Online Ordering – What did I just agree to?

All websites want you to create an account.

All websites want you to create an account. They say it is for our convenience, so we don’t have to retype all our information again when we return to purchase next time. But, have you ever read the fine print when you create an account? Most people skip over it, and most websites count on us doing that. Here are some of the things to look out for when you add your personal information to a new website.

Check boxes. Before you click the button that says “I AGREE,” look at any boxes that are marked. There’s usually one that says some version of, “Yes, please send me any and all emails about every product you’ve ever sold!” Some websites will also include a box for some type of “auto pay.” This can mean several different things, and this is where you have to be careful.

Store my payment type for future use. This usually is as simple as it sounds. You create the account, add your information, make your purchase, and if you go back to that website – it’s already there and you just confirm before you buy.

Free trial period. Free trials can be great. We get a chance to experience a product or service and decide if we still want to buy. The important part to remember is if you do not wish to keep the product/service, you need to cancel or opt out before the trial period ends. If you know that you have no intention of using the product/service to begin with, cancel on the front end. Make sure the box is unchecked. Or talk with the company’s customer service department to confirm. When you see that charge come through on your bank account, it may be too late. (You did agree to it, after all.) Some merchants will be nice about it and refund your charge – as well as help you cancel the service, but it’s not guaranteed.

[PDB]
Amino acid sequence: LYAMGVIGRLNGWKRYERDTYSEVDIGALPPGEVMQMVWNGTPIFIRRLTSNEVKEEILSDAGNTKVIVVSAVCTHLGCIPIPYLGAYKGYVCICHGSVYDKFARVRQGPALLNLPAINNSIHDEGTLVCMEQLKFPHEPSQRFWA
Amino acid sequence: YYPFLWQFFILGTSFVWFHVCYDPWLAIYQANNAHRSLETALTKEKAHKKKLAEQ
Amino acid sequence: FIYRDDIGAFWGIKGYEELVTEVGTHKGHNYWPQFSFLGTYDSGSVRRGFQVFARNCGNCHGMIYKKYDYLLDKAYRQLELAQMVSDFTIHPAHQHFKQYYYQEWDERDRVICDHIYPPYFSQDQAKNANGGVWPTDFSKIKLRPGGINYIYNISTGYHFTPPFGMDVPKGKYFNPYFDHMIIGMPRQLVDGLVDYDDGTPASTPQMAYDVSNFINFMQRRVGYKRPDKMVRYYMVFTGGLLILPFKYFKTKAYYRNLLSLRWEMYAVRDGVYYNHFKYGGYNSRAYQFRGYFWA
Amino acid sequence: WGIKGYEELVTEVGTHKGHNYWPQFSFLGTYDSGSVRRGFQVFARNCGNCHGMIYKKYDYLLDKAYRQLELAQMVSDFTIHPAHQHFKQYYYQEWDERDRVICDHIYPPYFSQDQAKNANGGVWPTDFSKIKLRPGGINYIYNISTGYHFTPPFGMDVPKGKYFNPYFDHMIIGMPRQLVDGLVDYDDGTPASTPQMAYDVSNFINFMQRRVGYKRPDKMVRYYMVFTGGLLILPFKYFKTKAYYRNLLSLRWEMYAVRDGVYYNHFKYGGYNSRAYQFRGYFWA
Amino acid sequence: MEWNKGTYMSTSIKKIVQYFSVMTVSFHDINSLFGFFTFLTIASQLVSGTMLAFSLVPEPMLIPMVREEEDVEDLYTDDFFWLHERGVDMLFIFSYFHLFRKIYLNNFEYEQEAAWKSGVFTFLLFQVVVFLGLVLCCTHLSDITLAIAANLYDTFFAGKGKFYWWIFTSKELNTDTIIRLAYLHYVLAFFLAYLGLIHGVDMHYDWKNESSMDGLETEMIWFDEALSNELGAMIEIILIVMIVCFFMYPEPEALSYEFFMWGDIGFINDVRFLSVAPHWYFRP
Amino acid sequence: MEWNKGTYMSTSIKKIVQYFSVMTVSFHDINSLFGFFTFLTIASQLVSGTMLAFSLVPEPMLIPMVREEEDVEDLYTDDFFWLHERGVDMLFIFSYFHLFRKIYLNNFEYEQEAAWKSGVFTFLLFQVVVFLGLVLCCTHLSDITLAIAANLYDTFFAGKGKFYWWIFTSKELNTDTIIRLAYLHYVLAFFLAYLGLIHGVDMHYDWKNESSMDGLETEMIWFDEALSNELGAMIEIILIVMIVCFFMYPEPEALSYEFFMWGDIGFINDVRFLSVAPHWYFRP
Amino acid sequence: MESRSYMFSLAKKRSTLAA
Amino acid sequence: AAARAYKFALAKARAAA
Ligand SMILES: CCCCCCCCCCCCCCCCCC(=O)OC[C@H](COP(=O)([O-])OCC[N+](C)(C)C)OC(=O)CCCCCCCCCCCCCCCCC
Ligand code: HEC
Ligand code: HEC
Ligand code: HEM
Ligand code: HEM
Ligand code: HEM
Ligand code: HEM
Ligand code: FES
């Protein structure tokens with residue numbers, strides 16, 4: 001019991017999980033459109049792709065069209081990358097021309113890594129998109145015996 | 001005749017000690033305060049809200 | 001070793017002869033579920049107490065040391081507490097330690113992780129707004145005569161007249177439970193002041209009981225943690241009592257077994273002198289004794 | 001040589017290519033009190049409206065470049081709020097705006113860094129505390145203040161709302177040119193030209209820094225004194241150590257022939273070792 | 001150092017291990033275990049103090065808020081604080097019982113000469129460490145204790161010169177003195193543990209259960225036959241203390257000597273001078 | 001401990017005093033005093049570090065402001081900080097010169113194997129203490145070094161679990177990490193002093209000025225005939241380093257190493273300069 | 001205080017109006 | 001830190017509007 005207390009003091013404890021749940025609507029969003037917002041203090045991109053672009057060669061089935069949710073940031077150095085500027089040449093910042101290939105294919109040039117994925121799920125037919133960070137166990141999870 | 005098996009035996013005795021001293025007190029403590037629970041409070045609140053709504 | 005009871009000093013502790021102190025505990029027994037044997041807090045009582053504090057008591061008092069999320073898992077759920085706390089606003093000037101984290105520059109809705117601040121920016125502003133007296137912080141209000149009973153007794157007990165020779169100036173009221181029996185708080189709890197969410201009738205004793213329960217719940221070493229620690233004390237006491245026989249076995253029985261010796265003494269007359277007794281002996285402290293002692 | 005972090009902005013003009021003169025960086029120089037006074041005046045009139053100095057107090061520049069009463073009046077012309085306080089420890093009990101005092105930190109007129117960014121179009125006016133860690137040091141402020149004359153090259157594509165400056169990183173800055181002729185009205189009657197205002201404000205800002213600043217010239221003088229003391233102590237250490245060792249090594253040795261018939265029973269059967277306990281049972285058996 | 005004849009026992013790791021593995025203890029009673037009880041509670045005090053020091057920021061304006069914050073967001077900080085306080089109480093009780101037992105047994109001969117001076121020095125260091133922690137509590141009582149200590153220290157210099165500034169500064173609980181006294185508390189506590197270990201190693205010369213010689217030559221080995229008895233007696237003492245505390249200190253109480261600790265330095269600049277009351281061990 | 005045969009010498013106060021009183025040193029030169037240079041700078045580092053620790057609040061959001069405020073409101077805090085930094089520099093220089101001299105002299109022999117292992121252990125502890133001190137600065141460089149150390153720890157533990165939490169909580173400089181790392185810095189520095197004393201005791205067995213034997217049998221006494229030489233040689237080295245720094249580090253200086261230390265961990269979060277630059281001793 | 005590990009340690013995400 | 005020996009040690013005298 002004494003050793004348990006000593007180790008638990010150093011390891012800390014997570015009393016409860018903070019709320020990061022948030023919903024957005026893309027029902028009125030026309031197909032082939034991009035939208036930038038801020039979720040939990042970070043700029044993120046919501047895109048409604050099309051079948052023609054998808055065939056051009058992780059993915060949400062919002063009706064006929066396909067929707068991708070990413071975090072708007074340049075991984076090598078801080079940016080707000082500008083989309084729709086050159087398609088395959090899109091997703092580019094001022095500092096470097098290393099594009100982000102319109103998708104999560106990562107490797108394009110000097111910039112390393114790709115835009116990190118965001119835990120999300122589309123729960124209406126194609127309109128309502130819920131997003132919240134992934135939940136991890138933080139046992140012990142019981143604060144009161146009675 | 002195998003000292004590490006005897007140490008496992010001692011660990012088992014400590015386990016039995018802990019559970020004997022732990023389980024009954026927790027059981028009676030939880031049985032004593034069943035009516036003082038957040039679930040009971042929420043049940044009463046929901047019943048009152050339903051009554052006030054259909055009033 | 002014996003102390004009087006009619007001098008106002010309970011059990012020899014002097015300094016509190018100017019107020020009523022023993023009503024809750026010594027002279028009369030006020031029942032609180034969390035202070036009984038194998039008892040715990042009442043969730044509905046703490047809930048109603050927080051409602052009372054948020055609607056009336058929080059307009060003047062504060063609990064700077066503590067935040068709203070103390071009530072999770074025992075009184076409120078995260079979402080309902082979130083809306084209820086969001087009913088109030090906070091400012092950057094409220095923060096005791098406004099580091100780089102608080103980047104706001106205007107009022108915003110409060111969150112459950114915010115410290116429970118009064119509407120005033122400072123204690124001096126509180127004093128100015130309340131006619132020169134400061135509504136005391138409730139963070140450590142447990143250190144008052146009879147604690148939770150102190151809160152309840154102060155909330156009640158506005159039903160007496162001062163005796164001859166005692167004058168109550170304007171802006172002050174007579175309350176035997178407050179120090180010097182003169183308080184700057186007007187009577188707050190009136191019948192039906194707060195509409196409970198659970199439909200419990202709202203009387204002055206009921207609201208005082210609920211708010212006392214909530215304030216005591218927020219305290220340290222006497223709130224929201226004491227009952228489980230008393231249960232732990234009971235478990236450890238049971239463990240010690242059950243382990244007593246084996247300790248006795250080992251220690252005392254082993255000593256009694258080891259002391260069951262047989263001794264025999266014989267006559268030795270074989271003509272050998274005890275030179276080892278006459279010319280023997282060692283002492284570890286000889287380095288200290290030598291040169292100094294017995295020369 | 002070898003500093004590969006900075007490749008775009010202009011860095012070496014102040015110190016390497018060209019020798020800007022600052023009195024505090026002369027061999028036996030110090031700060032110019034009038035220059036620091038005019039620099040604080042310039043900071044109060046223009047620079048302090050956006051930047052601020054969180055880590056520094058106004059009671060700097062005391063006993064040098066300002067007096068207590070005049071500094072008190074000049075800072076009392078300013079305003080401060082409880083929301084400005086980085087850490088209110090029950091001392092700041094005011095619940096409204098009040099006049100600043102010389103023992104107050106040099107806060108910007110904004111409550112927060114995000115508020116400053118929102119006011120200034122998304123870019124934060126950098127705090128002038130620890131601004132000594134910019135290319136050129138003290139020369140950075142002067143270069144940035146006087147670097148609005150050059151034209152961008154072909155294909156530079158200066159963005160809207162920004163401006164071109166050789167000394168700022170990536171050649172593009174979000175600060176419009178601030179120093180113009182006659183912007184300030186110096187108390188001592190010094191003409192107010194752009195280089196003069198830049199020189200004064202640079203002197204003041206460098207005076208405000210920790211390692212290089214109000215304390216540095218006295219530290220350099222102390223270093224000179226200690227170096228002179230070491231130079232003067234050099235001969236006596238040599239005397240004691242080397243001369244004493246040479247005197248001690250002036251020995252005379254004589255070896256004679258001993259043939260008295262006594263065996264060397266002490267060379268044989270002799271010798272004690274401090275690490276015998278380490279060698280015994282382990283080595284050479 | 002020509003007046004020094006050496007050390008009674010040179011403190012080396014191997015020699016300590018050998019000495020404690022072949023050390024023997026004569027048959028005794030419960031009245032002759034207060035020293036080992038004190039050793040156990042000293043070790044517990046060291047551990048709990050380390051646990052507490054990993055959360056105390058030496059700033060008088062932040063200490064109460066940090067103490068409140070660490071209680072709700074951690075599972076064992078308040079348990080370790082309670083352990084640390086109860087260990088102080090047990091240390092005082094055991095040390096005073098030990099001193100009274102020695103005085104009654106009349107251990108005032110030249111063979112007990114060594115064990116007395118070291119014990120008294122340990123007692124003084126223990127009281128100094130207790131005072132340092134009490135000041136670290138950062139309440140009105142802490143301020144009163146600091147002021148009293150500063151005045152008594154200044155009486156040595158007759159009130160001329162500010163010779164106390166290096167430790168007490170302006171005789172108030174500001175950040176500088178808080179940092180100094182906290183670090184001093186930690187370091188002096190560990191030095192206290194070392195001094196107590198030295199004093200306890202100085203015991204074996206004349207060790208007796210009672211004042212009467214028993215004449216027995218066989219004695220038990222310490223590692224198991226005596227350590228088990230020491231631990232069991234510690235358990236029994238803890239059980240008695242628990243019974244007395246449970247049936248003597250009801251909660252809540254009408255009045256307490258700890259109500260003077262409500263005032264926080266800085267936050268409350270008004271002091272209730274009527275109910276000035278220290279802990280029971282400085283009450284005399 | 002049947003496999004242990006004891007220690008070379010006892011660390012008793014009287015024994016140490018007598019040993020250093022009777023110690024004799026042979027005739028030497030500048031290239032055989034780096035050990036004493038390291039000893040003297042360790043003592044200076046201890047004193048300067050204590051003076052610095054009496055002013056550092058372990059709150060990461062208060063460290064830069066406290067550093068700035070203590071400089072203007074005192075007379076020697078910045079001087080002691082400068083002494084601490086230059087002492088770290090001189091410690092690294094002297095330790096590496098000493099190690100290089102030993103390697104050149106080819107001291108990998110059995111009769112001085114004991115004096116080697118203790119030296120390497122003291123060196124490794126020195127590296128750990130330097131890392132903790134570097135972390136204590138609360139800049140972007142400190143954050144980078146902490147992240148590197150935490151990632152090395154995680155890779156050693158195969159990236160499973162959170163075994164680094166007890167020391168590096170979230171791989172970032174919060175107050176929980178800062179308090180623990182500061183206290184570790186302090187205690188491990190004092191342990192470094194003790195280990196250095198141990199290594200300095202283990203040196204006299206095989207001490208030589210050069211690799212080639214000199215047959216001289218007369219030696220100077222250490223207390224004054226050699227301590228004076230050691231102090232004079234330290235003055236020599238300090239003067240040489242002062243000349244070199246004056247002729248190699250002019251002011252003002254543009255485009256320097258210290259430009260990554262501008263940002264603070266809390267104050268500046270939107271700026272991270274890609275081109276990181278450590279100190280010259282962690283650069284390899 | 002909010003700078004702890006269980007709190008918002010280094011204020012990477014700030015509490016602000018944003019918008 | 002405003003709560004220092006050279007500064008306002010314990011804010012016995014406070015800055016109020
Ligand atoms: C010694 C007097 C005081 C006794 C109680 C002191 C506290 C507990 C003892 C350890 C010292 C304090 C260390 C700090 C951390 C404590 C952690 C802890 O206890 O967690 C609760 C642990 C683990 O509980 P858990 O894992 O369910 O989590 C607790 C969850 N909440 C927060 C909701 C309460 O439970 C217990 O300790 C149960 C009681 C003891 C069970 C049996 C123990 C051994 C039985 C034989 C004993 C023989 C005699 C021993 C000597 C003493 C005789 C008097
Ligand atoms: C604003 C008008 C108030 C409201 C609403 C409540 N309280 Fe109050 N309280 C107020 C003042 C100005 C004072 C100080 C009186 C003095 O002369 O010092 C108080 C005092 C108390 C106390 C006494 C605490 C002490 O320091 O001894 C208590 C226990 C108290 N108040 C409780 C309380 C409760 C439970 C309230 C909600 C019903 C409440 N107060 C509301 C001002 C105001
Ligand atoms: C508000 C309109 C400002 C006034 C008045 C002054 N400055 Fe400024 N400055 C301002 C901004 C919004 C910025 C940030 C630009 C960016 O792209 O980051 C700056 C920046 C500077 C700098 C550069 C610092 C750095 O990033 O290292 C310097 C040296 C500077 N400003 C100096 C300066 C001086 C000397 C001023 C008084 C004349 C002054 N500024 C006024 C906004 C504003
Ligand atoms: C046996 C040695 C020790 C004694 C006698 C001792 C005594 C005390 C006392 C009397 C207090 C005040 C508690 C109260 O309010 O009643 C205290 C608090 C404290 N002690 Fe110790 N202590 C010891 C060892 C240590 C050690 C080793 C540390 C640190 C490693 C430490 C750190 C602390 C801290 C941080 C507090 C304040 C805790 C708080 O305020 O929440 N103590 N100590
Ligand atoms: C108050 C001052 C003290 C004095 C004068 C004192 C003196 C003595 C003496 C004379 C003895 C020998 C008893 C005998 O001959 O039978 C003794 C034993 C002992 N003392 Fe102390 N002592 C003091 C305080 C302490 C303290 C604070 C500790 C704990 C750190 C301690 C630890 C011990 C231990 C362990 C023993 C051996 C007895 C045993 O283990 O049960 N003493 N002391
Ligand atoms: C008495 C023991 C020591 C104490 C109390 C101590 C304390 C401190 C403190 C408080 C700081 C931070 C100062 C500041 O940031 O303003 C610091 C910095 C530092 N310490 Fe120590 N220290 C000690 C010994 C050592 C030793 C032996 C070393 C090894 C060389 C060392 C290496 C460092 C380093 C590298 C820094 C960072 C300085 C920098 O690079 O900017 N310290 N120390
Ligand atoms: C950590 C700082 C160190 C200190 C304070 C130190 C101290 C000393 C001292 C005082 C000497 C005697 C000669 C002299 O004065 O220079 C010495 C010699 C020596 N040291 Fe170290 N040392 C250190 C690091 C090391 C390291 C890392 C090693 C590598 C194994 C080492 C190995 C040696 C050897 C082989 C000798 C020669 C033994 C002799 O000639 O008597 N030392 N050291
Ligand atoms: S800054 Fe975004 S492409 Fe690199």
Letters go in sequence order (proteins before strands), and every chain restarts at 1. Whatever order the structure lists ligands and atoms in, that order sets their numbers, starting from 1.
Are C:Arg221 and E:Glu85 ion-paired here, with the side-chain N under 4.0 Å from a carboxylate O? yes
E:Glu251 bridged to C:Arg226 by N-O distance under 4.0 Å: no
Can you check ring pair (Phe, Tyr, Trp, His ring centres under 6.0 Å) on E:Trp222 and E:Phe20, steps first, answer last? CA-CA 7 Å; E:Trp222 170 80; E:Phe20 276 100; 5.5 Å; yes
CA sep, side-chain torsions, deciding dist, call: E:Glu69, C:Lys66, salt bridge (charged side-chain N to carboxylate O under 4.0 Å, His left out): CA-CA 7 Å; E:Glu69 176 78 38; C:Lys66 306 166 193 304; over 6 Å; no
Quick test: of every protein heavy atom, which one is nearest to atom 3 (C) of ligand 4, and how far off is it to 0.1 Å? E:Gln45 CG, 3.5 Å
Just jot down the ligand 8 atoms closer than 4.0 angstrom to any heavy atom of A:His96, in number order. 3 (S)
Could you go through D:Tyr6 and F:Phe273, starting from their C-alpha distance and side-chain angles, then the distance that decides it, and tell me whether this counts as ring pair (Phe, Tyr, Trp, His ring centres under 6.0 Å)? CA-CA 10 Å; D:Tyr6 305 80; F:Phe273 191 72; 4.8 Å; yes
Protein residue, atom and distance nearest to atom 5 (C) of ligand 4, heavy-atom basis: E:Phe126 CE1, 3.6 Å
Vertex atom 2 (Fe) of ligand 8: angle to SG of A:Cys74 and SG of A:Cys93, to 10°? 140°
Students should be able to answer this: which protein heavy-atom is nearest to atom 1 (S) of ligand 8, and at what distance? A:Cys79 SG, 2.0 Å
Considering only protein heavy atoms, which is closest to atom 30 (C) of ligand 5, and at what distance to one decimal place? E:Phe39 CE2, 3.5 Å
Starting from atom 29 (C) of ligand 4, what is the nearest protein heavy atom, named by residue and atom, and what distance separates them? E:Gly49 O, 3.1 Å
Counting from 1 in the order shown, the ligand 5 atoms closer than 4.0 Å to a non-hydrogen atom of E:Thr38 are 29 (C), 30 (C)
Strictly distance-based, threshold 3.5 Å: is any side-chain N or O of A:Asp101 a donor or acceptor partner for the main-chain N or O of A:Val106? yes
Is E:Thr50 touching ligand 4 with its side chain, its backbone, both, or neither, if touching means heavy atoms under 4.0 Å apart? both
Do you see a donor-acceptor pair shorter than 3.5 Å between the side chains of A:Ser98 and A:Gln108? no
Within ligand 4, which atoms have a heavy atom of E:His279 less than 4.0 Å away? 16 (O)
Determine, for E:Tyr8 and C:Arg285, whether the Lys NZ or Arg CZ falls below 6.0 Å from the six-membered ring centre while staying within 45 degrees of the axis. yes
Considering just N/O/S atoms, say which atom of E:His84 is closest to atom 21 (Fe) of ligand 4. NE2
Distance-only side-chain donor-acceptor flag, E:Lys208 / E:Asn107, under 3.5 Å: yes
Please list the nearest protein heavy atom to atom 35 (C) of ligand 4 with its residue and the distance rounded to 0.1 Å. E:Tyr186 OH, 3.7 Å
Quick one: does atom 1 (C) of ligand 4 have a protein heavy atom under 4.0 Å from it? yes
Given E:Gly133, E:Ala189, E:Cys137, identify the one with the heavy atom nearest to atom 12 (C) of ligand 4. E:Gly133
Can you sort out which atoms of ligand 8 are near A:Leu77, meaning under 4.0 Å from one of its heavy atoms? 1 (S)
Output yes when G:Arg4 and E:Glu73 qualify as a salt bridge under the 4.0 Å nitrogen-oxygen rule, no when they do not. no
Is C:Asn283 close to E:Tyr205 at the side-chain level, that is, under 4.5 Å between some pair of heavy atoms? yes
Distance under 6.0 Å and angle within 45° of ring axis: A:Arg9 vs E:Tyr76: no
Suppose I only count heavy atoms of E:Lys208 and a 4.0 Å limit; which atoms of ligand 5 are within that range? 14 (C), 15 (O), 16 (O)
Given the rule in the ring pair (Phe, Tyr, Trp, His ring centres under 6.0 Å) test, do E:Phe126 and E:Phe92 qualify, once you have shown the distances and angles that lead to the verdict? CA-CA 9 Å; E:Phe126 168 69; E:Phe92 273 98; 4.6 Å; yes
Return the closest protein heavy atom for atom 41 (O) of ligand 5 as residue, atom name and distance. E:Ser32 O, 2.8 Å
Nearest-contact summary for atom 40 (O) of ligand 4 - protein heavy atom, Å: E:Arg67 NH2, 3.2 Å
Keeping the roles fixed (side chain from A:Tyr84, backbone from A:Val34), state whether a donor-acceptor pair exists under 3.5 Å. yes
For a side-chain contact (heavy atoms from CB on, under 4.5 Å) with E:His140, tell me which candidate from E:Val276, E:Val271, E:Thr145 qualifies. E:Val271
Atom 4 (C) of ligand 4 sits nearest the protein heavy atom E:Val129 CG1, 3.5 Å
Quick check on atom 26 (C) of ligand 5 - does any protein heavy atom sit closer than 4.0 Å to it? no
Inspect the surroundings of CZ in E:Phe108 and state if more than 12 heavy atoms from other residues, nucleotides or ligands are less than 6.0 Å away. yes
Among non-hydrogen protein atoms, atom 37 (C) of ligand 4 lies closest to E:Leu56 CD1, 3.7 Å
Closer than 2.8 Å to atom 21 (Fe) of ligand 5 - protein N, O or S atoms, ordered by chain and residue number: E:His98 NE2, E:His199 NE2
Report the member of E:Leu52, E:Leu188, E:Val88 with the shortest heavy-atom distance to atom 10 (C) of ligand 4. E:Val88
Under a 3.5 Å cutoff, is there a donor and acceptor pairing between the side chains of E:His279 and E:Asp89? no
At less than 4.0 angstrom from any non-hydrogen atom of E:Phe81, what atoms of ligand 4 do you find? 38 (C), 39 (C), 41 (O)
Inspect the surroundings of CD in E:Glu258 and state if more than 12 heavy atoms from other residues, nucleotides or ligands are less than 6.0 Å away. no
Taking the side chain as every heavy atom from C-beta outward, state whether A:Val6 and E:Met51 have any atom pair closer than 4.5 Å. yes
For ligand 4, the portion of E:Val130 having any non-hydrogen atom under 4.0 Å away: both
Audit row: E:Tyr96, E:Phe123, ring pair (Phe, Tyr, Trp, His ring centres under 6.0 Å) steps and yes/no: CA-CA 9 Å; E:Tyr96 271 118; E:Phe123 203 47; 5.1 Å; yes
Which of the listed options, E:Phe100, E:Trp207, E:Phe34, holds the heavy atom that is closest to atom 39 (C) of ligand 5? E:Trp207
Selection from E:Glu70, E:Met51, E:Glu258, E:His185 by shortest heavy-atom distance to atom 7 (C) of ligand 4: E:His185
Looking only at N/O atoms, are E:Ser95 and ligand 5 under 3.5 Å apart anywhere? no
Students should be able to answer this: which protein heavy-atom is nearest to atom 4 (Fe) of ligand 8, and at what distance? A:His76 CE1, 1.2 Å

Subscriptions. Some websites will offer discounted prices if you subscribe as a member (example: Amazon Prime). Read the fine print. How long do you have to remain a member? Can you cancel at any time? How often will they charge you? Is it monthly, semi-annually, annually? If you cancel before a specific time period, are you subject to pay the difference from any initial savings?

These are just some of the things to look for when you add a new profile to a merchant’s website. If you receive an unexpected charge from a merchant (or even one you forgot was coming), the fastest route to recovering those funds is to talk directly to the merchant.

For more financial tips, visit your local credit union. HealthNet Federal Credit Union has proudly served Baptist Memorial Health Care employees and the health care community throughout the Mid-South for more than 60 years.

For information about the credit union, please call 901-226-1111 or visit